‘And have you seen the eel?’ blurted Reilly disbelievingly.

‘I spent a week on the island as a student in Trinity over twenty five years ago and visited this well every day. I’d heard that Brendan Behan had done it years before.

Every day for three whole months he had escaped the contagion of chaos in his life and would visit here, and just be. He claimed later that it had been the most peaceful and tranquil and creative period of his entire life. 

‘The eel I did encounter that week however was a magical Irishman in Tigh Ned’s whom I fell impossibly in love with. He won my heart but then things got in the way and I let him slip through my fingers. Like the elusive eel in the well.

Love can be like that don’t you think? Mysterious. Miraculous. Magical. Elusive. If you’re not mindful!’

‘This well, and how it makes me feel, has never left me. I take it with me wherever I go. I vowed that one day I’d return here with my daughter to check if the past was real, or simply a mirage.’

After she’d left, Reilly skirted the style and approached the well tentatively.

He could have spared himself the melodrama because all that was there was a small well flanked on either side by a series of humble limestone flags. 

He plonked himself down beside the well and for the first time that week he surrendered. 

He surrendered utterly to the present moment. And sometime later, he couldn’t tell you how long, the eel appeared. In fact, it had been there all along. He had simply been mindless to it. He’d been too busy.

It lay draped on a bed of white daisies and yellow buttercups and orangey-red montbretia all over the field. It gurgled in the waters of the well that had been released from the darkness into the light. It coated his lips with sea-salt that was invigorating and tangy and cleansing to taste.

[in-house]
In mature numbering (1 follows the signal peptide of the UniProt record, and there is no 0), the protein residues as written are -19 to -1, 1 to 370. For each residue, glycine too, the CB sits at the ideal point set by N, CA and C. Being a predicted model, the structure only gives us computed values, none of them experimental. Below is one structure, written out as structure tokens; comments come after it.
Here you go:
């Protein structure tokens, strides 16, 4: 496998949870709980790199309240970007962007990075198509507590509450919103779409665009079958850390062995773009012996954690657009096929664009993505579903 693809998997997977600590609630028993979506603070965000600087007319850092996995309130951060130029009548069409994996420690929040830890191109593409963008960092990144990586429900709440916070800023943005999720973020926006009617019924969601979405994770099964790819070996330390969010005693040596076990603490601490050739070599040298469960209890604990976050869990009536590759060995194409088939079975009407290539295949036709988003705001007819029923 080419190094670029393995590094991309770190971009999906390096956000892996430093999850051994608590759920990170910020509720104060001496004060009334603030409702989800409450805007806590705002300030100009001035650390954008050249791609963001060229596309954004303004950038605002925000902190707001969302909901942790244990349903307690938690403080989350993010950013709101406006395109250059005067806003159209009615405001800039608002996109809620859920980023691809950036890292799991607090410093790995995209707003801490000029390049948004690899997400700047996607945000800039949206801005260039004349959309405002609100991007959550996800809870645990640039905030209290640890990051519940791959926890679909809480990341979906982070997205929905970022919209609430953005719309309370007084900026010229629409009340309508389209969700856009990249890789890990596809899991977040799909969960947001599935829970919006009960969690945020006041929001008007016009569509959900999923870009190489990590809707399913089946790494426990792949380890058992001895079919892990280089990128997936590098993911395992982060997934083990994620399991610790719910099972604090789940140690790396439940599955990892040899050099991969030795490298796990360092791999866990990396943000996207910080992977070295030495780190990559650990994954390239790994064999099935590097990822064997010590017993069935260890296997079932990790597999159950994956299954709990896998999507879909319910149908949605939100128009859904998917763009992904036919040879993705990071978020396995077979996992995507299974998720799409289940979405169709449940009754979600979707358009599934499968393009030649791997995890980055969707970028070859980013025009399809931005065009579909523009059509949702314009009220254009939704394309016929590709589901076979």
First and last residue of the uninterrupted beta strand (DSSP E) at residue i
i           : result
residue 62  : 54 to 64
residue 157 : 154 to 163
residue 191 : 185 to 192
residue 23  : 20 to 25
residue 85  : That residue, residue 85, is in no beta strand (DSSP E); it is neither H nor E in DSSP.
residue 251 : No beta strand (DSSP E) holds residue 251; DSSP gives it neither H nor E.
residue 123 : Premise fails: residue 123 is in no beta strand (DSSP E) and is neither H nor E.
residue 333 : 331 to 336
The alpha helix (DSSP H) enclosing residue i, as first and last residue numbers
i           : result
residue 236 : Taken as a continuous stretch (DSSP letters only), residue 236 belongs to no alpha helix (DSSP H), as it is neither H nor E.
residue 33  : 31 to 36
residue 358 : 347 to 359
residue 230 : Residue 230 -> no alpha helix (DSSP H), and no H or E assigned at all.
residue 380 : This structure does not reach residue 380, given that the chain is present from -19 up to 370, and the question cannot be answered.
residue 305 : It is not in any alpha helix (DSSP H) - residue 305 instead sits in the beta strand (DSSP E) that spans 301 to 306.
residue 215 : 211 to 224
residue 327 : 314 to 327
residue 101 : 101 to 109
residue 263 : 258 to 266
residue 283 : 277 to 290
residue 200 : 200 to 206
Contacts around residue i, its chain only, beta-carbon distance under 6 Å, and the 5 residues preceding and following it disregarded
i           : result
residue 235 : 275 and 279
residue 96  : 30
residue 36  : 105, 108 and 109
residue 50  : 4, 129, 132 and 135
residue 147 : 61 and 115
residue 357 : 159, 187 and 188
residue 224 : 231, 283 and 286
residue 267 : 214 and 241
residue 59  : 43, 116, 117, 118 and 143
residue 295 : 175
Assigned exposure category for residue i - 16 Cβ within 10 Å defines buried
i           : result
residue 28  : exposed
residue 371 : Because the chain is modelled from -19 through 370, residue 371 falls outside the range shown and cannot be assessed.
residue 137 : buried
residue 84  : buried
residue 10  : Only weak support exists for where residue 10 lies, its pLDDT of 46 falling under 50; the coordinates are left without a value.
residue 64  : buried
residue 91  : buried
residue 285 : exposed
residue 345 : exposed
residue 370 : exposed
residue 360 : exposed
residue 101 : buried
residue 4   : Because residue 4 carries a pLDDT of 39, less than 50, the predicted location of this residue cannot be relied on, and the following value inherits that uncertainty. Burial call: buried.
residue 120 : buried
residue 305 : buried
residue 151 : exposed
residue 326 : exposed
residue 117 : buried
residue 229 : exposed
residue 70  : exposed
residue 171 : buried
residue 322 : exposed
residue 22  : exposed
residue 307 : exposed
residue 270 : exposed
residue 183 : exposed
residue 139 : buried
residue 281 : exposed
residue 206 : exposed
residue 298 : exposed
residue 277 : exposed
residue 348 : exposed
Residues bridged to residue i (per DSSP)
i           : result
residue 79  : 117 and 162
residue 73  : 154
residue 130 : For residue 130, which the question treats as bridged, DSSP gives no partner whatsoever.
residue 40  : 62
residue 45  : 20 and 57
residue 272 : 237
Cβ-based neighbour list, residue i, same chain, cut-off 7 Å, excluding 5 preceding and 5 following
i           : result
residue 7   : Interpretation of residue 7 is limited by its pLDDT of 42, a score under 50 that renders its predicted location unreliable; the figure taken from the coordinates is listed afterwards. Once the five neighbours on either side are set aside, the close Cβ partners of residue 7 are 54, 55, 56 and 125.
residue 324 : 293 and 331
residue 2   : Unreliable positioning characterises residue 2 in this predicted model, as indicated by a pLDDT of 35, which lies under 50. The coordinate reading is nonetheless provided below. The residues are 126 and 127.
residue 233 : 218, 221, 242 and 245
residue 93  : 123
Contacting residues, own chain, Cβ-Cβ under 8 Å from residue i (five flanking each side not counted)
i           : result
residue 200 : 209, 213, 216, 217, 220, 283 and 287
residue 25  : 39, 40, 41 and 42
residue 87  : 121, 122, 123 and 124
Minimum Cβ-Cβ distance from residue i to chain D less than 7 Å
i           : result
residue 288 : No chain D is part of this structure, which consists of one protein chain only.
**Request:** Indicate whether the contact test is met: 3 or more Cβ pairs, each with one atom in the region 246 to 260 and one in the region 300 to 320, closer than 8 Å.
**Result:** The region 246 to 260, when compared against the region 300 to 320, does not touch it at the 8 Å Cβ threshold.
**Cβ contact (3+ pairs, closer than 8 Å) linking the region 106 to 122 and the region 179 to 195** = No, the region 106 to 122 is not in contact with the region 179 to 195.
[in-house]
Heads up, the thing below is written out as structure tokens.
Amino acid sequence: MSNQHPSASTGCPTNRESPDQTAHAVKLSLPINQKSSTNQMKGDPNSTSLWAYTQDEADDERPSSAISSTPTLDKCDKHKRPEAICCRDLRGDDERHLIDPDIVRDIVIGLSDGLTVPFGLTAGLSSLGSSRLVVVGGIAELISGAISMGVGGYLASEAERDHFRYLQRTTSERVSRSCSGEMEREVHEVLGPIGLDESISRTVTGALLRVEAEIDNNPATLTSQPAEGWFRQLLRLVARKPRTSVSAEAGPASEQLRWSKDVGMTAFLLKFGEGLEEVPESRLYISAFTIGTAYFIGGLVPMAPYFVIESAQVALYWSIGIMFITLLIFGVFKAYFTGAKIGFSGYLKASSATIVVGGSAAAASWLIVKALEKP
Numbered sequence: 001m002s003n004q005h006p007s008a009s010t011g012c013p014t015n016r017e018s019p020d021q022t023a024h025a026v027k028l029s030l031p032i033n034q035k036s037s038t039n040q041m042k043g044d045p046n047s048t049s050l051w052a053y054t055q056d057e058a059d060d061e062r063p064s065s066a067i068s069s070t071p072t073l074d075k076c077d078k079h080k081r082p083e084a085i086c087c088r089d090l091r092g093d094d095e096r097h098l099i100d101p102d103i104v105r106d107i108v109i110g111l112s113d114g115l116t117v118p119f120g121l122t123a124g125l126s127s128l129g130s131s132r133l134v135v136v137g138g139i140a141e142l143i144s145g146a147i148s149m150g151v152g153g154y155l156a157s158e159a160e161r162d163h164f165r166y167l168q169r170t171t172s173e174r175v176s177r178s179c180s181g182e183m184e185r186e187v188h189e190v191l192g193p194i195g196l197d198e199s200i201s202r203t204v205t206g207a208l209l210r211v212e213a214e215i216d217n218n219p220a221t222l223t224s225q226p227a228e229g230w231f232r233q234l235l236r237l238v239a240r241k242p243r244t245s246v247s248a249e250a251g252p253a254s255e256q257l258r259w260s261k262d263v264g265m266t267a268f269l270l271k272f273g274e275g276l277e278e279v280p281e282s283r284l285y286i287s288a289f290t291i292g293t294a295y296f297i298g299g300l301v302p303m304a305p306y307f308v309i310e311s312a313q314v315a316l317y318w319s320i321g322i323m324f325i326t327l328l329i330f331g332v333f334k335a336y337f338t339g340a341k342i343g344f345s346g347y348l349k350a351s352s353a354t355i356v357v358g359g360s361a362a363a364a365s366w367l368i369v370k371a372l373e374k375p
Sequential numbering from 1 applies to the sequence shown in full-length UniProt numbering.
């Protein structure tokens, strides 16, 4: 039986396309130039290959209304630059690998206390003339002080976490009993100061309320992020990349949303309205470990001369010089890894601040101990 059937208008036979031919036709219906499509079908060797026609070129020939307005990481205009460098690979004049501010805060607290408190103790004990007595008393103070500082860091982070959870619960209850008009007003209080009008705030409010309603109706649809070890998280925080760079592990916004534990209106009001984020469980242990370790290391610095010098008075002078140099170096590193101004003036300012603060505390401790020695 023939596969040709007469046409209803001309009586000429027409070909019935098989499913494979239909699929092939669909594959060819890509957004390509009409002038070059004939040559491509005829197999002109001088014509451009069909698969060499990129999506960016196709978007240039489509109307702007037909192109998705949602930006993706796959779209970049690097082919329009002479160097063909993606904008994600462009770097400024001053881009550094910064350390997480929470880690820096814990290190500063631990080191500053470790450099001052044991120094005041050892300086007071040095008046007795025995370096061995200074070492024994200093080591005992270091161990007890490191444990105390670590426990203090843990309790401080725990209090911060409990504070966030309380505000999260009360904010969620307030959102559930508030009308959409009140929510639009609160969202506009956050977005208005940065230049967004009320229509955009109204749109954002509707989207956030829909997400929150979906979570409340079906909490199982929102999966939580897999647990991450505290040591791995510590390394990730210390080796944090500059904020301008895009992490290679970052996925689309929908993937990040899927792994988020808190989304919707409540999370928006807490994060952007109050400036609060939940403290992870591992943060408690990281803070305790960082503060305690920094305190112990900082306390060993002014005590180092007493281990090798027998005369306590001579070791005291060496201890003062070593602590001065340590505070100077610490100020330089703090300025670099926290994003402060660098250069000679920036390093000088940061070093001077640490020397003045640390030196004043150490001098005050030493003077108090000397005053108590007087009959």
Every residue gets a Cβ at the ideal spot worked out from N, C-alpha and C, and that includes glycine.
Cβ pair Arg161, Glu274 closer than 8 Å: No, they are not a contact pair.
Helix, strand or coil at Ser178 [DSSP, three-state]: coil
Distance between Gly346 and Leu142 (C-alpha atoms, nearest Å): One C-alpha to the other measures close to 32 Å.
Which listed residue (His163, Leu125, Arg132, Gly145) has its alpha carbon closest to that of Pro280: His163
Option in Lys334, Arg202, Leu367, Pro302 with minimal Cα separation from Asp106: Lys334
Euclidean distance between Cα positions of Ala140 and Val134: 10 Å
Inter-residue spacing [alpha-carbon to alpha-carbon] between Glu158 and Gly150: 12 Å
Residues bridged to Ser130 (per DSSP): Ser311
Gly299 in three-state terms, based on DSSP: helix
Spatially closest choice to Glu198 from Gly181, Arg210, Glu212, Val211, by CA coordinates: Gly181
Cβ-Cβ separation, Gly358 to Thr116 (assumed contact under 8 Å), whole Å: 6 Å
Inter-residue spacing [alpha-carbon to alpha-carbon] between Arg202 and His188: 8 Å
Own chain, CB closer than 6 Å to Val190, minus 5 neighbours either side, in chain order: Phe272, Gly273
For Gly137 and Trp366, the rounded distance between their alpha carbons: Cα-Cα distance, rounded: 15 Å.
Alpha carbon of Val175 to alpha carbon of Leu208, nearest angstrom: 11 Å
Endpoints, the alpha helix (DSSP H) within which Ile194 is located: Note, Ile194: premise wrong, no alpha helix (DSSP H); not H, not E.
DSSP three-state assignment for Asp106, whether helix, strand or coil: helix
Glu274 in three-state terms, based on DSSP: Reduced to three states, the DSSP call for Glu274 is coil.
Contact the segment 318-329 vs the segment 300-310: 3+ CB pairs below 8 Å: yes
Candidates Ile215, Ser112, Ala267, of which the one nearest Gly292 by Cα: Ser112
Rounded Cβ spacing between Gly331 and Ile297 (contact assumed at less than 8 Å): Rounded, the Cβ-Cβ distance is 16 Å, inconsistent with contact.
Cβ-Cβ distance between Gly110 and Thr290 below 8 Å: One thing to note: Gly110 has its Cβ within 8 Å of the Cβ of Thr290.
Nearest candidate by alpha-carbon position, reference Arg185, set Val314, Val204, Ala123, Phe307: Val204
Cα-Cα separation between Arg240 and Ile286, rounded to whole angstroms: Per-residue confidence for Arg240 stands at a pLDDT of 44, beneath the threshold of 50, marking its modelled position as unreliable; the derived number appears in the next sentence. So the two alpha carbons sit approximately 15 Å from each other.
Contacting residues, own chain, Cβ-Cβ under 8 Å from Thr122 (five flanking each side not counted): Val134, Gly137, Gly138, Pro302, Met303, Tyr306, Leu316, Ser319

And it connected deeply and directly with him, through some Divine Wifi. Through the spirits of Naomh Éanna and Behan and Synge who, before him, had all created so prolifically and powerfully here. It was here that they were salved of their cares and discovered their edge. 

The Mindful Edge.

Back in Tigh Ned’s he caught her eye across the crowded bar. Beside her sat a stunning girl in her mid-twenties with luscious trestles of auburn red hair and the greenest eyes you ever saw. You only ever get that look from Ireland.

‘Did you see it? Did you see the eel,? she gesticulated to him with dramatic emphasis.

He nodded his head. 

She smiled knowingly.


  • Make time to be on your own; and be silent; and still; and simply, be.
  • Find a sacred space, your own well, that you can escape to, and then imprint it on your mind, so you can take it with you anywhere and anytime, even in the loudest and busiest of places.
  • Believe in a Higher Power that is accessible to you every second of every minute of every day. It’s forever by your side.
  • When love shows up seize it with all you’ve got. Never let life get in the way of love.
  • Live life closer to the edge. The Mindful Edge.


‘Wherever you are, be there.’
—Jim Rohn.
‘Live life closer to the edge. Things go faster there. The victories. The learnings. The discoveries.
—Pádraig Ó Céidigh.
‘The past is just a mirage. A soft illusion into which we escape, in order to avoid the present.’
Brian Friel.


  1. Where is your Sacred Well?
  2. When will you take time to discover your mindful edge?